The Democratic-controlled US House Judiciary Committee has unveiled charges against President Donald Trump, a key move in impeaching him.
The first article revealed by committee chief Jerry Nadler accuses Mr Trump of abuse of power and the second accuses him of obstructing Congress.
The Republican president is said to have withheld aid to Ukraine for domestic political reasons.
A defiant Mr Trump has urged the Senate to try him “sooner than later”.
“The president wants a trial,” White House spokesman Hogan Gidley told BBC News.
Mr Trump insists he has done “nothing wrong” and has dismissed the impeachment process as “madness”.
If the House of Representatives Judiciary Committee votes to approve the articles later this week, they will then be submitted to the lower chamber for a full vote.
If, in turn, the articles are approved by the House – which is controlled by the Democrats – an impeachment trial in the Republican-held Senate will take place, possibly early in January.
The impeachment process was launched after an anonymous whistleblower complained to Congress in September about a July phone call by Mr Trump to the president of Ukraine.
What exactly is Mr Trump accused of?
He is alleged to have committed “high crimes and misdemeanours” (a phrase from the US Constitution) on two counts outlined by Mr Nadler:
- The first allegation is that he exercised the powers of his public office to “obtain an improper personal benefit while ignoring or injuring the national interest”, by allegedly putting pressure on Ukraine to interfere in the 2020 presidential election
- The second allegation is that “when he was caught, when the House investigated and opened an impeachment inquiry, President Trump engaged in unprecedented categorical and indiscriminate defiance of the impeachment inquiry”, thereby obstructing Congress
The charges are set out in detail in a Judiciary Committee document.
Mr Trump “sees himself as above the law”, Mr Nadler said. “We must be clear, no-one, not even the president, is above the law.”
In the July phone call to Ukraine’s leader, Mr Trump appeared to tie US military assistance for Ukraine to its launching of investigations that could help him politically.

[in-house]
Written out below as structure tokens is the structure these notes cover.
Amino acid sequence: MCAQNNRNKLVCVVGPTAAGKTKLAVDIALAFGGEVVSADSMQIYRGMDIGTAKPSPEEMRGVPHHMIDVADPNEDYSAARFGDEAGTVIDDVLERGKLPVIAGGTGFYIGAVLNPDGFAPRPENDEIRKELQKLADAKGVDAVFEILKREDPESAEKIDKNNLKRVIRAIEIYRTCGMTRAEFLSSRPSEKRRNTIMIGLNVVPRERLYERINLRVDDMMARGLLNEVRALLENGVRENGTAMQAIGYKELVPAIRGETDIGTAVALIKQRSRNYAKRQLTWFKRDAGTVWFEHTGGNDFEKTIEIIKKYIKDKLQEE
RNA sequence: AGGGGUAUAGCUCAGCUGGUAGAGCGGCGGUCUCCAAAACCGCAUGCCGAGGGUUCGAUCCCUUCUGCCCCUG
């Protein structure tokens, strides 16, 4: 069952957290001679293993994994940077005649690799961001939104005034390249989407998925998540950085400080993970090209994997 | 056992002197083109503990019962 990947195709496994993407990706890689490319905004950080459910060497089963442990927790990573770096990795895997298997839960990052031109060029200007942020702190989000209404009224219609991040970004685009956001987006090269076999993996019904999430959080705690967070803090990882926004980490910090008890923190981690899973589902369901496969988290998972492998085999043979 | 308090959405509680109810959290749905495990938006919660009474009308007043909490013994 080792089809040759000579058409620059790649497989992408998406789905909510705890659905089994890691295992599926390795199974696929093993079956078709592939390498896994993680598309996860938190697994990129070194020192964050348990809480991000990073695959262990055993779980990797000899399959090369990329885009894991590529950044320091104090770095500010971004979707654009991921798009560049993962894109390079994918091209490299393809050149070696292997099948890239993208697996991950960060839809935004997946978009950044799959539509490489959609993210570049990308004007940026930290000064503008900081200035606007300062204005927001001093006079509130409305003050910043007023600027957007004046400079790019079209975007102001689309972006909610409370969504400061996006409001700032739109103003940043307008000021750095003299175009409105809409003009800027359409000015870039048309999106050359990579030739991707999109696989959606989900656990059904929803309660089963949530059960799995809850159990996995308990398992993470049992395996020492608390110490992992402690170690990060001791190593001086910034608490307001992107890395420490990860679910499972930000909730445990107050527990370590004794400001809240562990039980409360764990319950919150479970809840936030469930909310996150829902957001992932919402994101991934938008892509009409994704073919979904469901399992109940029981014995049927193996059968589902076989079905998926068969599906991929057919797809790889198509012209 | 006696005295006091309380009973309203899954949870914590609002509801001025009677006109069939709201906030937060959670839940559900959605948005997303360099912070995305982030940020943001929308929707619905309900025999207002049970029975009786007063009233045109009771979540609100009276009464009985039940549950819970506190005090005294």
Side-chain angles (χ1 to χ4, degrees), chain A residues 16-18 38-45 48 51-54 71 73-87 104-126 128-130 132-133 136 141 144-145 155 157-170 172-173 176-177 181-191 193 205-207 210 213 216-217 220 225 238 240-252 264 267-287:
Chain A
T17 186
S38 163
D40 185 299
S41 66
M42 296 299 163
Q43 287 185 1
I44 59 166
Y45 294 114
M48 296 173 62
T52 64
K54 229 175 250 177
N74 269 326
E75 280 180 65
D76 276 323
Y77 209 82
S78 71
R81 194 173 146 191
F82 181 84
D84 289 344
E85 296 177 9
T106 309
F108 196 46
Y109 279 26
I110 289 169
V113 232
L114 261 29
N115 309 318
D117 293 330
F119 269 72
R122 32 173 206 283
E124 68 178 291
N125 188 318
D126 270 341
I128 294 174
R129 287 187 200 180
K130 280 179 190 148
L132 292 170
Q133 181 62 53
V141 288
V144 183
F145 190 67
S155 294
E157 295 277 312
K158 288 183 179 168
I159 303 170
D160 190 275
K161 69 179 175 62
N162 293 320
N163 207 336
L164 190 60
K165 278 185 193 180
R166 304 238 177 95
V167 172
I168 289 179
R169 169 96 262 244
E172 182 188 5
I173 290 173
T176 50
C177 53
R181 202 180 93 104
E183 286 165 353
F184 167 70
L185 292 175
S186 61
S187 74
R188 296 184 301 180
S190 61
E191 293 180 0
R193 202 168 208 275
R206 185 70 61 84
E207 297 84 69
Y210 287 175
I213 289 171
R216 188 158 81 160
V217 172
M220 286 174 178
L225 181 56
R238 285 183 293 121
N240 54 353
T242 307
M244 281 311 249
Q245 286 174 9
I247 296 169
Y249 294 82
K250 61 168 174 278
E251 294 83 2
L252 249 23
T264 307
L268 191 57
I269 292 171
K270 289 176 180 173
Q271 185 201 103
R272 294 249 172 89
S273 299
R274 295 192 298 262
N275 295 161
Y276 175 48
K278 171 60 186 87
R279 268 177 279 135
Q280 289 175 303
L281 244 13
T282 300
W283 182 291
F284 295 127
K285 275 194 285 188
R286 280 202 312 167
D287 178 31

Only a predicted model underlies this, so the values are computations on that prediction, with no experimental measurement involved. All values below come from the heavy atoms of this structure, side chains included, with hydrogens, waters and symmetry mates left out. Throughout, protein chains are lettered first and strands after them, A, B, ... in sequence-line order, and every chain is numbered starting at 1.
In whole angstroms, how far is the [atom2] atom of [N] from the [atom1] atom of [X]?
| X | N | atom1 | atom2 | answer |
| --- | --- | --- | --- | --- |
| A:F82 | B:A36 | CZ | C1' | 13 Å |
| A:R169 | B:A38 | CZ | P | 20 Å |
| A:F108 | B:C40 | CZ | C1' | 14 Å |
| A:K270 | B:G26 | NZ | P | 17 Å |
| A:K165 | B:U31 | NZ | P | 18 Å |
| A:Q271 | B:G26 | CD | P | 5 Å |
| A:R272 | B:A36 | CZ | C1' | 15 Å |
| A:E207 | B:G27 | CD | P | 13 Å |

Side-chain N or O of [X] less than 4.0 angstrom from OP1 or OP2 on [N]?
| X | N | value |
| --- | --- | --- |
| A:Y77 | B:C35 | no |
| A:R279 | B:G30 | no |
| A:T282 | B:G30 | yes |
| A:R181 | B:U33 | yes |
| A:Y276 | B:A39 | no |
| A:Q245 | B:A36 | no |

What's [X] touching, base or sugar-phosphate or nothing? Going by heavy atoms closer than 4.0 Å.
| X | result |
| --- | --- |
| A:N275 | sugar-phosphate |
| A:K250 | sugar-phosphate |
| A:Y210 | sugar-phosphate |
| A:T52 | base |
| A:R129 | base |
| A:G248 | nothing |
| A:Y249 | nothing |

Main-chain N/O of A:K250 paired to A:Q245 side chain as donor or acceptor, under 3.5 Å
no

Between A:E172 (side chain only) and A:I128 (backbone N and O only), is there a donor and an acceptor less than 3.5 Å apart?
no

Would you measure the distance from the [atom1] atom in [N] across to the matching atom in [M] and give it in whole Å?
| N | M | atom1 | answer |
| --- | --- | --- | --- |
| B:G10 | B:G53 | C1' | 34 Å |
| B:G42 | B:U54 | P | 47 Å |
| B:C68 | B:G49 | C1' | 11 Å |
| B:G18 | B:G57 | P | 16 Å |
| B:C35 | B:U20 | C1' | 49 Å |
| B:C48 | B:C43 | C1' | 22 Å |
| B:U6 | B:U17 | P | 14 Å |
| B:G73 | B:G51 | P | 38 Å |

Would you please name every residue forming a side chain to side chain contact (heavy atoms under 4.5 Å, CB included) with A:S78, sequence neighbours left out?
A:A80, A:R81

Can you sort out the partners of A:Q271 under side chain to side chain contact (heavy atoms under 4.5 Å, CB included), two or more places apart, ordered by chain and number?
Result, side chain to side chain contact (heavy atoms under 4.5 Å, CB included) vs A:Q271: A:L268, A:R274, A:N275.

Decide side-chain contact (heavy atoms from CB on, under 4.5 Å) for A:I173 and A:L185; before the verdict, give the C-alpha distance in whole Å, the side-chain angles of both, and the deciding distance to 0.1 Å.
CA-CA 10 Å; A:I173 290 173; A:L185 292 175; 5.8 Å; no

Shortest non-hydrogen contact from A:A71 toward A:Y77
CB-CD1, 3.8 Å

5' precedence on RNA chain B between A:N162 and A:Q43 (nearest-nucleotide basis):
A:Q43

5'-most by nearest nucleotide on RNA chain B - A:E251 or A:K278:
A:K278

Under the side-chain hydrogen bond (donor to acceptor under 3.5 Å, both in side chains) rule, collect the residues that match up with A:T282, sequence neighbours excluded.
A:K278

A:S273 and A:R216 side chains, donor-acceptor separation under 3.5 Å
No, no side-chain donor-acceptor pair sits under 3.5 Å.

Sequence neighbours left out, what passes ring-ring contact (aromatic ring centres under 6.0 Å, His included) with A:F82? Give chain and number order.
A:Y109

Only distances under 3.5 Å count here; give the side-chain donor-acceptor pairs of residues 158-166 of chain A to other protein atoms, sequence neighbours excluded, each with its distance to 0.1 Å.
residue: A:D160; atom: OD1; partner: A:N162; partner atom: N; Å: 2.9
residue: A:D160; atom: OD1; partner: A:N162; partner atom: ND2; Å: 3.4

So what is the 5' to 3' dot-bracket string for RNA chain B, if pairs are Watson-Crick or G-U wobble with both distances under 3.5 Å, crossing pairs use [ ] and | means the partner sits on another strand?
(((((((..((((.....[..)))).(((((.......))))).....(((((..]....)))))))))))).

In return for those investigations, Democrats say Mr Trump offered two bargaining chips – $400m (£304m) of military aid that had already been allocated by Congress, and a White House meeting for President Volodymyr Zelensky.
Democrats say this pressure on a vulnerable US ally constitutes an abuse of power.
The first investigation Mr Trump wanted from Ukraine was into former Vice-President Joe Biden, his main Democratic challenger, and his son Hunter. Hunter Biden joined the board of a Ukrainian energy company when his father was President Barack Obama’s deputy.
The second Trump demand was that Ukraine should try to corroborate a conspiracy theory that Ukraine, not Russia, had interfered in the last US presidential election. This theory has been widely debunked, and US intelligence agencies are unanimous in saying Moscow was behind the hacking of Democratic Party emails in 2016.
How strong is the case for impeachment?
President Trump railed at the announcement of the charges, declaring again on Twitter that it was a “witch hunt”.
“Nadler just said that I ‘pressured Ukraine to interfere in our 2020 Election’,” he wrote.
“Ridiculous, and he knows that is not true. Both the President & Foreign Minister of Ukraine said, many times, that there “WAS NO PRESSURE.” Nadler and the Dems know this, but refuse to acknowledge!”
Law professor Jonathan Turley, who testified for Mr Trump’s Republican Party before the House Judiciary Committee, told the BBC: “The problem is not with the legal basis for such impeachable offenses but the evidentiary record.
“This record remains both incomplete and conflicted. The Democrats have insisted on impeaching by Christmas rather than build a record to support such charges. This is now the fastest investigation with the thinnest record supporting the narrowest impeachment in modern history.”
Other constitutional lawyers have roundly endorsed the impeachment process. Pamela Karlan of Stanford Law School said: “Wouldn’t you know in your gut that such a president had abused his office, betrayed the national interest and tried to corrupt the electoral process? I believe the evidentiary record shows wrongful acts on that scale here.”
How much is this about politics?
Congress is certainly split along party lines. The Democrats argue that Mr Trump must be stopped from standing for re-election next year, not on political grounds but because he has committed an impeachable offence.
Adam Schiff, who oversaw congressional hearings into the allegations, said that not to act against President Trump now would mean allowing him to “cheat one more time” in 2020.
“To do nothing would make ourselves complicit” in Mr Trump’s actions, he said.
However, Mr Trump’s 2020 campaign manager, Brad Parscale, accused the Democrats of trying to remove the Republican candidate now because they had nobody to defeat him next year.
“Americans don’t agree with this rank partisanship, but Democrats are putting on this political theatre because they don’t have a viable candidate,” he said.
How does impeachment work?
Impeachment is the first part – the charges – of a two-stage political process by which Congress can remove a president from office.
If the House of Representatives votes to pass articles of impeachment, the Senate is forced to hold a trial.
A Senate vote requires a two-thirds majority to convict and remove the president – unlikely in this case, given that Mr Trump’s party controls the chamber.
Only two US presidents in history – Bill Clinton and Andrew Johnson – have been impeached, but neither was convicted.
President Richard Nixon resigned before he could be impeached.